Never expected to see something like CowBop in a jazz club. Saw ‘em take the stage in cowboy hats, pronghorns glued to the bass drum, singer in a long cowgirl dress. The regulars in the jazz joint stared over their cocktails, not getting any of this. The music was lightning fast, kinda swingy but awfully down home too. And man could those cats play. Solos zipped back and forth from fiddle to guitar and back again. Damn if that smartass guitar player wasn’t quoting Charlie Yardbird Parker. And ol’ crooked horn Dizzy too. And a lot of Bob Wills. The pretty girl sang about Texas, and dancing, and drinking, and men doing ladies wrong. By set’s end I was hooked, line and sinker. Y’all got any records? They said they had a couple. We got a new one we’re working on too. Yeah? Any good? Goddamn right it’s good. It’s gonna make us stars. And they packed up their gear and tossed it in the back of an old red Chevy pick up and took off in a cloud of dust. Well, that new one is this one here, Too Hick For the Room. Hot damn. What they call great driving music. That long stretch of highway between Tulsa and Bakersfield went by in a flash. Cow Bop.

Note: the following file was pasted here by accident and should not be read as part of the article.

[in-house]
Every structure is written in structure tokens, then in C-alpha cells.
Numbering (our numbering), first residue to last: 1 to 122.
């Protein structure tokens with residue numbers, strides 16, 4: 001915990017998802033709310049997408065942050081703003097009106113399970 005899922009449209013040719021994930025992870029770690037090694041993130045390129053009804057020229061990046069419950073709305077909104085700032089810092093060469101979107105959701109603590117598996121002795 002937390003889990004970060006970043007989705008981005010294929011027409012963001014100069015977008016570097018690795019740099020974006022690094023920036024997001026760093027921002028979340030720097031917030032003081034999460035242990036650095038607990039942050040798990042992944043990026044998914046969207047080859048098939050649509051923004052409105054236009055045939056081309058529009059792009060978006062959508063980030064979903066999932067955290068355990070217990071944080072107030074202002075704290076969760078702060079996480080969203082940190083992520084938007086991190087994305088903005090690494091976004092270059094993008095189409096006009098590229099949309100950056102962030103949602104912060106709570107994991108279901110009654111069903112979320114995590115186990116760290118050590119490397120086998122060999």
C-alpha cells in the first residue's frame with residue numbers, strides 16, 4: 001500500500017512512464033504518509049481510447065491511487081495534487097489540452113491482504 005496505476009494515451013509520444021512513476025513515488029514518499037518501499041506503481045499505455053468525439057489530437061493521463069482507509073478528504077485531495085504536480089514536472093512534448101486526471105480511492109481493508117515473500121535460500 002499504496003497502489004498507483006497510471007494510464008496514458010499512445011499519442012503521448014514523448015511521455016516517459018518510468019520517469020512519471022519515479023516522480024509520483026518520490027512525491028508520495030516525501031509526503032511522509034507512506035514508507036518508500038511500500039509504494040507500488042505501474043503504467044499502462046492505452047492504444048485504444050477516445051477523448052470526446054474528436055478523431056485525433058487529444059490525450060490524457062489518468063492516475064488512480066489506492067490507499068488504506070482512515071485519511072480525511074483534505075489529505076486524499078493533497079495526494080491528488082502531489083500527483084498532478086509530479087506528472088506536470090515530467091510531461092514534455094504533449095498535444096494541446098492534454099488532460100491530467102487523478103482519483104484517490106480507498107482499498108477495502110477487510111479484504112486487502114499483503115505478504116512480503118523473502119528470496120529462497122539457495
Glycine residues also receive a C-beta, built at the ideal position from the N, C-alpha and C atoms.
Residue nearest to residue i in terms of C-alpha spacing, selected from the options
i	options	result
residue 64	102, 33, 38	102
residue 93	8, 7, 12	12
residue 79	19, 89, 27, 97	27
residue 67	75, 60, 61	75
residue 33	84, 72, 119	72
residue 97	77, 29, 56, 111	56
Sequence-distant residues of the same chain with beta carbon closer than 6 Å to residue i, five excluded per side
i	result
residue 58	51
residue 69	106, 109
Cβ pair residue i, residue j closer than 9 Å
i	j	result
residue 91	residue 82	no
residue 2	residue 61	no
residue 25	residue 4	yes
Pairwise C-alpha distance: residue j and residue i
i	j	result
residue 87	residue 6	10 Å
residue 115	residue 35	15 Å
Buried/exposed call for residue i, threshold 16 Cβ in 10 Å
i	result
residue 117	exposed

CowBop Take 3 Continue reading
This clip blew my mind.
Lots of time when people ask me about writing prose, I’ll simply tell them to listen to “Kern River”. Merle Haggard was a huge influence on me. Still is.
Listen to how spare it is, how bare boned. He has pared this thing down to the point that editing out one word might bring the whole ediface crashing down. Listen to how many stories he tells. How much information he imparts, the scenes he describes and how vividly you picture them as you listen. He does it all so simply, with so few words, a whole short story in a handful of lines.
It is some of the finest use of the English language, and of language itself, I have ever heard. I’ve listened to this song a couple hundred times over the years, and it nails me every time still.
Here he plays it on TV and the damn thing hadn’t even come out yet. It’s so brand new the words seem to glisten.